What role do you take on personally with new 317 Opportunities projects?
We run a very lean shop, it’s just two people. Both of our responsibilities are really soup to nuts — business development, advisory work, portfolio management, etc.
Having gone through the process of applying for and successfully being awarded a state cannabis license, what advice do you have for others who plan to apply?
I would give people three pieces of advice; 1. start early; 2. stay organized; and 3. be original. When an application comes out you will have a very limited window to get your ducks in a row for submission so to the extent that there is any ground work you can do a head of time I would strongly recommend it. Once the application process is underway it is easy to get lost in it. For that reason, it is important to have a clear process for drafting and staying organized. Finally, its important to be original and authentic in your responses. At this point in the industry, a lot of people use application consultants that have been recycling the same application content for multiple clients for multiple years. It’s important to show what differentiates you versus the competition through unique content. Lowest common denominator is not enough in these extremely competitive processes.
How does 317 Opportunities assist clients in the acquisition of licenses?
We form a true partnership with local teams. A partnership not just to create the best application but to create the foundation for an incredible business should we win a license. This is comprised of a wide range of activities including; market analysis, team recruitment, writing Standard Operating Procedures based on real world experience, capital formation, site design, Board of Directors roles, and M&A advisory.
As Deseret Wellness establishes two medical cannabis pharmacies in Utah, are you involved in the planning and execution, and if so what is your role?
As a Board Director, I am very involved in the high-level strategic direction of the business. Our Market President and his staff handle the day-to-day operations. We found and hired him and the other key employees as part of launching the business. My current responsibilities are primarily capital raising, brand development, and regulatory affairs.
What is one piece of advice you would offer entrepreneurs seeking to raise capital in the cannabis industry?
Find investors that can be value-add. Sometimes this is someone who is local and knows a lot of the key stakeholders in the area in which your business will be located. Sometimes it is a person with specific industry expertise that you can use. I would also consider the use of a modest amount of debt in order to minimize dilution of your hard earned equity. Whereas debt was unheard of in the industry a year or two ago it is becoming more and more available today. We actually launched a fund called FocusGrowth Asset Management to capitalize on this opportunity.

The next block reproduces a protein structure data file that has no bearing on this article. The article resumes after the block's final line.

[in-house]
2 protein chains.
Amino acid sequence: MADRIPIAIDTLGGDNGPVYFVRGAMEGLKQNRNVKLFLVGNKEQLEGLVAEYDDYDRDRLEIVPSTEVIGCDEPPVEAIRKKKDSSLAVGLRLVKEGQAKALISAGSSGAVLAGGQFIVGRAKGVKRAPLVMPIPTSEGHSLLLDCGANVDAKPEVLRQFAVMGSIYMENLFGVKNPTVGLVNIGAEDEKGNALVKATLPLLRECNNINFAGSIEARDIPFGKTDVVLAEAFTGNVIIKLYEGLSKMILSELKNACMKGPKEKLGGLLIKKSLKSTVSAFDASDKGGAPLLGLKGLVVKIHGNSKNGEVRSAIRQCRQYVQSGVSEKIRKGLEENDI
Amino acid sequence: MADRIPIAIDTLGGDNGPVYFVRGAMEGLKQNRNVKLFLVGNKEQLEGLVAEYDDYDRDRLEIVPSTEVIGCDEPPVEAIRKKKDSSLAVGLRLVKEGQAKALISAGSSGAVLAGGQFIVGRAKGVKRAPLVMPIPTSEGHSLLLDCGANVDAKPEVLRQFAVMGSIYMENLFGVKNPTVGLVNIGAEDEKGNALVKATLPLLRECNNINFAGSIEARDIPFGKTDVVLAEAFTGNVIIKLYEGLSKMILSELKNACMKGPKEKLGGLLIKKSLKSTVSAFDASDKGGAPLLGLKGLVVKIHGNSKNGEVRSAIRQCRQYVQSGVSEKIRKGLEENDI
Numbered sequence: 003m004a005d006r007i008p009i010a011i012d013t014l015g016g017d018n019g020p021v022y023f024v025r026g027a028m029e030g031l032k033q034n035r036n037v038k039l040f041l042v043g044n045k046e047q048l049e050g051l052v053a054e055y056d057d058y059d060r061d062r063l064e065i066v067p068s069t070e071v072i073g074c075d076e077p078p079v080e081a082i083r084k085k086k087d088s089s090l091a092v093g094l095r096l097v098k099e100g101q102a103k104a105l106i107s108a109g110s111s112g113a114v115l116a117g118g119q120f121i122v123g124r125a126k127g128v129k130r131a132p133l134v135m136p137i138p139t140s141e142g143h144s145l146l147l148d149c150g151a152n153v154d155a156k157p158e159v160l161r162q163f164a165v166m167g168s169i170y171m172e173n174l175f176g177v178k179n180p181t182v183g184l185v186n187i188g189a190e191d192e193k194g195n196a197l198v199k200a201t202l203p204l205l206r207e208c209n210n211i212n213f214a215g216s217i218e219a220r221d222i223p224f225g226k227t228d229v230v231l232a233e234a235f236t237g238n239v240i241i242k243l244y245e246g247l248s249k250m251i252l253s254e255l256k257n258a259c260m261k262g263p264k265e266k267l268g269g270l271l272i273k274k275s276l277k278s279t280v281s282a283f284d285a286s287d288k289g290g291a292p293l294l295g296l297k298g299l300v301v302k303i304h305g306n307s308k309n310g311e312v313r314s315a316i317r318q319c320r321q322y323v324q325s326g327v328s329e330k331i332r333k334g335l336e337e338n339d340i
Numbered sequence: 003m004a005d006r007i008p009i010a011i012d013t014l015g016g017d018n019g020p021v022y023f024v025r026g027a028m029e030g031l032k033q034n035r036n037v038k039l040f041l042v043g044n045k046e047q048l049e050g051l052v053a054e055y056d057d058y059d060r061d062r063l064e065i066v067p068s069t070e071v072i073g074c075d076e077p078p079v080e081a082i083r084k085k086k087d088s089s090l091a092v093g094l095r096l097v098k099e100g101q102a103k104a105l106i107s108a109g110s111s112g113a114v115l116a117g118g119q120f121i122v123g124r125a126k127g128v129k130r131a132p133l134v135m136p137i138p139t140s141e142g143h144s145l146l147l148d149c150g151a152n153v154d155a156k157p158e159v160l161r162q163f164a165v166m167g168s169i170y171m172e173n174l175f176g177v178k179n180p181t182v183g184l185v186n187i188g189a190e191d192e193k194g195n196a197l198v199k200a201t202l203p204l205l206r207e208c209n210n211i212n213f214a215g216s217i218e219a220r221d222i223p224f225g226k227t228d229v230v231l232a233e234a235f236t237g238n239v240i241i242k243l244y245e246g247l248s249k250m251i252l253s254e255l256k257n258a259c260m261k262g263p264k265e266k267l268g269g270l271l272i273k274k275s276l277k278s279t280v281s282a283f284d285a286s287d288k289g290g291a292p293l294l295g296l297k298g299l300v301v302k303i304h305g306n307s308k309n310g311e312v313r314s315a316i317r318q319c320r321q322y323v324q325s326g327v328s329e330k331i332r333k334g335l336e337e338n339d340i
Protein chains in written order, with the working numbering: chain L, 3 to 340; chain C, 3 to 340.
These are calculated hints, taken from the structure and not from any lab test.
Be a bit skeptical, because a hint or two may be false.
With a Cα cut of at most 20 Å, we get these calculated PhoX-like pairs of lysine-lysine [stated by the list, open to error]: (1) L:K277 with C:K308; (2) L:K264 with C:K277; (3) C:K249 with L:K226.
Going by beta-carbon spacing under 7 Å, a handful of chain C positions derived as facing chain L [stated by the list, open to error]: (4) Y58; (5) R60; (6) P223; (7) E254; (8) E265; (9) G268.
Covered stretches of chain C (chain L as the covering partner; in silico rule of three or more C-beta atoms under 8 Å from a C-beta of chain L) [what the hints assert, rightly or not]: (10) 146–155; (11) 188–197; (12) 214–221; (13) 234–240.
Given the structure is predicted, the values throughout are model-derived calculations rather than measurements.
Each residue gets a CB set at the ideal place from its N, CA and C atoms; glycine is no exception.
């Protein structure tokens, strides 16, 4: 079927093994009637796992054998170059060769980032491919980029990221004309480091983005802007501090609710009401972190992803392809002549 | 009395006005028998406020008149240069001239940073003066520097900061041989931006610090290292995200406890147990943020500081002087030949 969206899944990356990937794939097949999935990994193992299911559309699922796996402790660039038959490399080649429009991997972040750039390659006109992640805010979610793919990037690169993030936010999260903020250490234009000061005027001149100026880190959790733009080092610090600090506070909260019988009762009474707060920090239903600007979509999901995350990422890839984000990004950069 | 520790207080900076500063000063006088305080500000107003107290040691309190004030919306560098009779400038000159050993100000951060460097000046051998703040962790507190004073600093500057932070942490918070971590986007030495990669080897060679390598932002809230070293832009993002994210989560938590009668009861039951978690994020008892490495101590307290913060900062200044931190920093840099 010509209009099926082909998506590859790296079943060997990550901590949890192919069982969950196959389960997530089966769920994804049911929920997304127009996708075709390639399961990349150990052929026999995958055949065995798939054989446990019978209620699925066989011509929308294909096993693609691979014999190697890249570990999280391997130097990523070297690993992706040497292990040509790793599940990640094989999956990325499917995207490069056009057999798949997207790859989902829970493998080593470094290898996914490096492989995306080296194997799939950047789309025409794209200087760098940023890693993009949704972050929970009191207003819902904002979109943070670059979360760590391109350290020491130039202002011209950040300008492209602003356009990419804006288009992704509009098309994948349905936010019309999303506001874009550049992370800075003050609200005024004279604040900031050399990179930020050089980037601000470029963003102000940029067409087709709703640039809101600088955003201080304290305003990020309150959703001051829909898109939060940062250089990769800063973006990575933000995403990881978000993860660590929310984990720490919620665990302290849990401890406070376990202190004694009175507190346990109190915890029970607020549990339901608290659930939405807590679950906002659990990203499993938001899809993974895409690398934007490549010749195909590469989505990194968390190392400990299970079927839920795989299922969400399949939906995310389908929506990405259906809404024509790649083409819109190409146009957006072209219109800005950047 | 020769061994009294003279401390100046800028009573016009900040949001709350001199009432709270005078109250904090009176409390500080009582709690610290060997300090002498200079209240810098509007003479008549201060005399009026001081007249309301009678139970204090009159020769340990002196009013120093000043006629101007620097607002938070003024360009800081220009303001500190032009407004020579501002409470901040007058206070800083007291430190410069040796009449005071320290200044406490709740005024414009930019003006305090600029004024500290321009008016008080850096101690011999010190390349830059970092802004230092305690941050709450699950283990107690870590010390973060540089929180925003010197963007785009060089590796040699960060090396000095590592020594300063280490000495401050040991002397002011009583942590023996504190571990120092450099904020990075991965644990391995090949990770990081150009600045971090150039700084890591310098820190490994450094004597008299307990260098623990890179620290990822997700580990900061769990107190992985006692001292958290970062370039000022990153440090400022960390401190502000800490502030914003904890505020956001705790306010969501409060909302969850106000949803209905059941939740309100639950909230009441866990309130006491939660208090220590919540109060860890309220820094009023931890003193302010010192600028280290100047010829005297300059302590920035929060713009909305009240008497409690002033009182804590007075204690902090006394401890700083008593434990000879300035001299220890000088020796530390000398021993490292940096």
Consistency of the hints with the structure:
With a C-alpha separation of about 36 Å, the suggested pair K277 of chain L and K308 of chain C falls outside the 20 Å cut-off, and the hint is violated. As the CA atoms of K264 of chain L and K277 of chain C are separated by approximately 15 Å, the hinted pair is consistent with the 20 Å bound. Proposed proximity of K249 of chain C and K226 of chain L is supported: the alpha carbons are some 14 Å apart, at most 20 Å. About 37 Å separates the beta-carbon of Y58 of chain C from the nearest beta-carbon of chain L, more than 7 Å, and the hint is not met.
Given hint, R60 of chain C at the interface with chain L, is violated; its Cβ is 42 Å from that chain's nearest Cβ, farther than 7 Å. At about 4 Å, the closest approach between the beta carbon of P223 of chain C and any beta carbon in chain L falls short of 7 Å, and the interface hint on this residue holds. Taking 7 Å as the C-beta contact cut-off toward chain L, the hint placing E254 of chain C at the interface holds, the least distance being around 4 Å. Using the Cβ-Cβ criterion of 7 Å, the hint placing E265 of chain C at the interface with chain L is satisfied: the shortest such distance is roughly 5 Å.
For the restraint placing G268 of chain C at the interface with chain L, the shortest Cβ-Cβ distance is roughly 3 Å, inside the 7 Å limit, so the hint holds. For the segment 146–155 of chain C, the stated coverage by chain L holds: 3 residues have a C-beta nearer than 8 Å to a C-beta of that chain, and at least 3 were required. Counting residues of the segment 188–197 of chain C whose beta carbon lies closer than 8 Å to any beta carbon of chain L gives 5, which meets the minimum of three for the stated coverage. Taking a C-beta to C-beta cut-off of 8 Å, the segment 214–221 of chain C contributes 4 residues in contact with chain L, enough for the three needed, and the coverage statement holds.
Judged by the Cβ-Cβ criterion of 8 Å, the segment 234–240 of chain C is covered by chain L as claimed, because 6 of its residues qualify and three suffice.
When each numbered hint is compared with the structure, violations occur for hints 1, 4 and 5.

Is it harder to know when to exit a project in a volatile industry like cannabis?
It is extremely hard given the regulatory uncertainty and capital markets volatility that we see in cannabis. I have seen this industry go from feast to famine several times over the last five years. You will never be able to time the market perfectly but there are a few things you can do to help your decision making process. Maintain patience and discipline. Write down your goals and model your financial projections from the beginning. It is fine to reassess these things with new information from time to time but I would measure your decision to exit against these goals on a regular basis. More generally, I still think we are early innings in cannabis and if you can hold onto your business in a limited-license state I think it is well worth doing so.
How should cannabis entrepreneurs be thinking about their exit strategy in the context of the prospect of federal legalization?
It depends on where in the supply chain your business lies. I think federal legalization is still a little ways out and once it is passed it is going to take a while to work itself out with respect to the patchwork of state and municipal regulation that we currently find ourselves in. The businesses that are most at risk from federal legalization should be thinking about a medium term exit. These are cultivation businesses in places where it does not necessarily make sense to grow cannabis (i.e. cold climates in the northeast).
What are you most excited about in the cannabis industry right now?
Adult-use legalization coming to my home state of New York!
Where can people go to learn more about you or to get in touch?
Thank you, Jonathon, for answering all of our questions! Click the links above to learn more.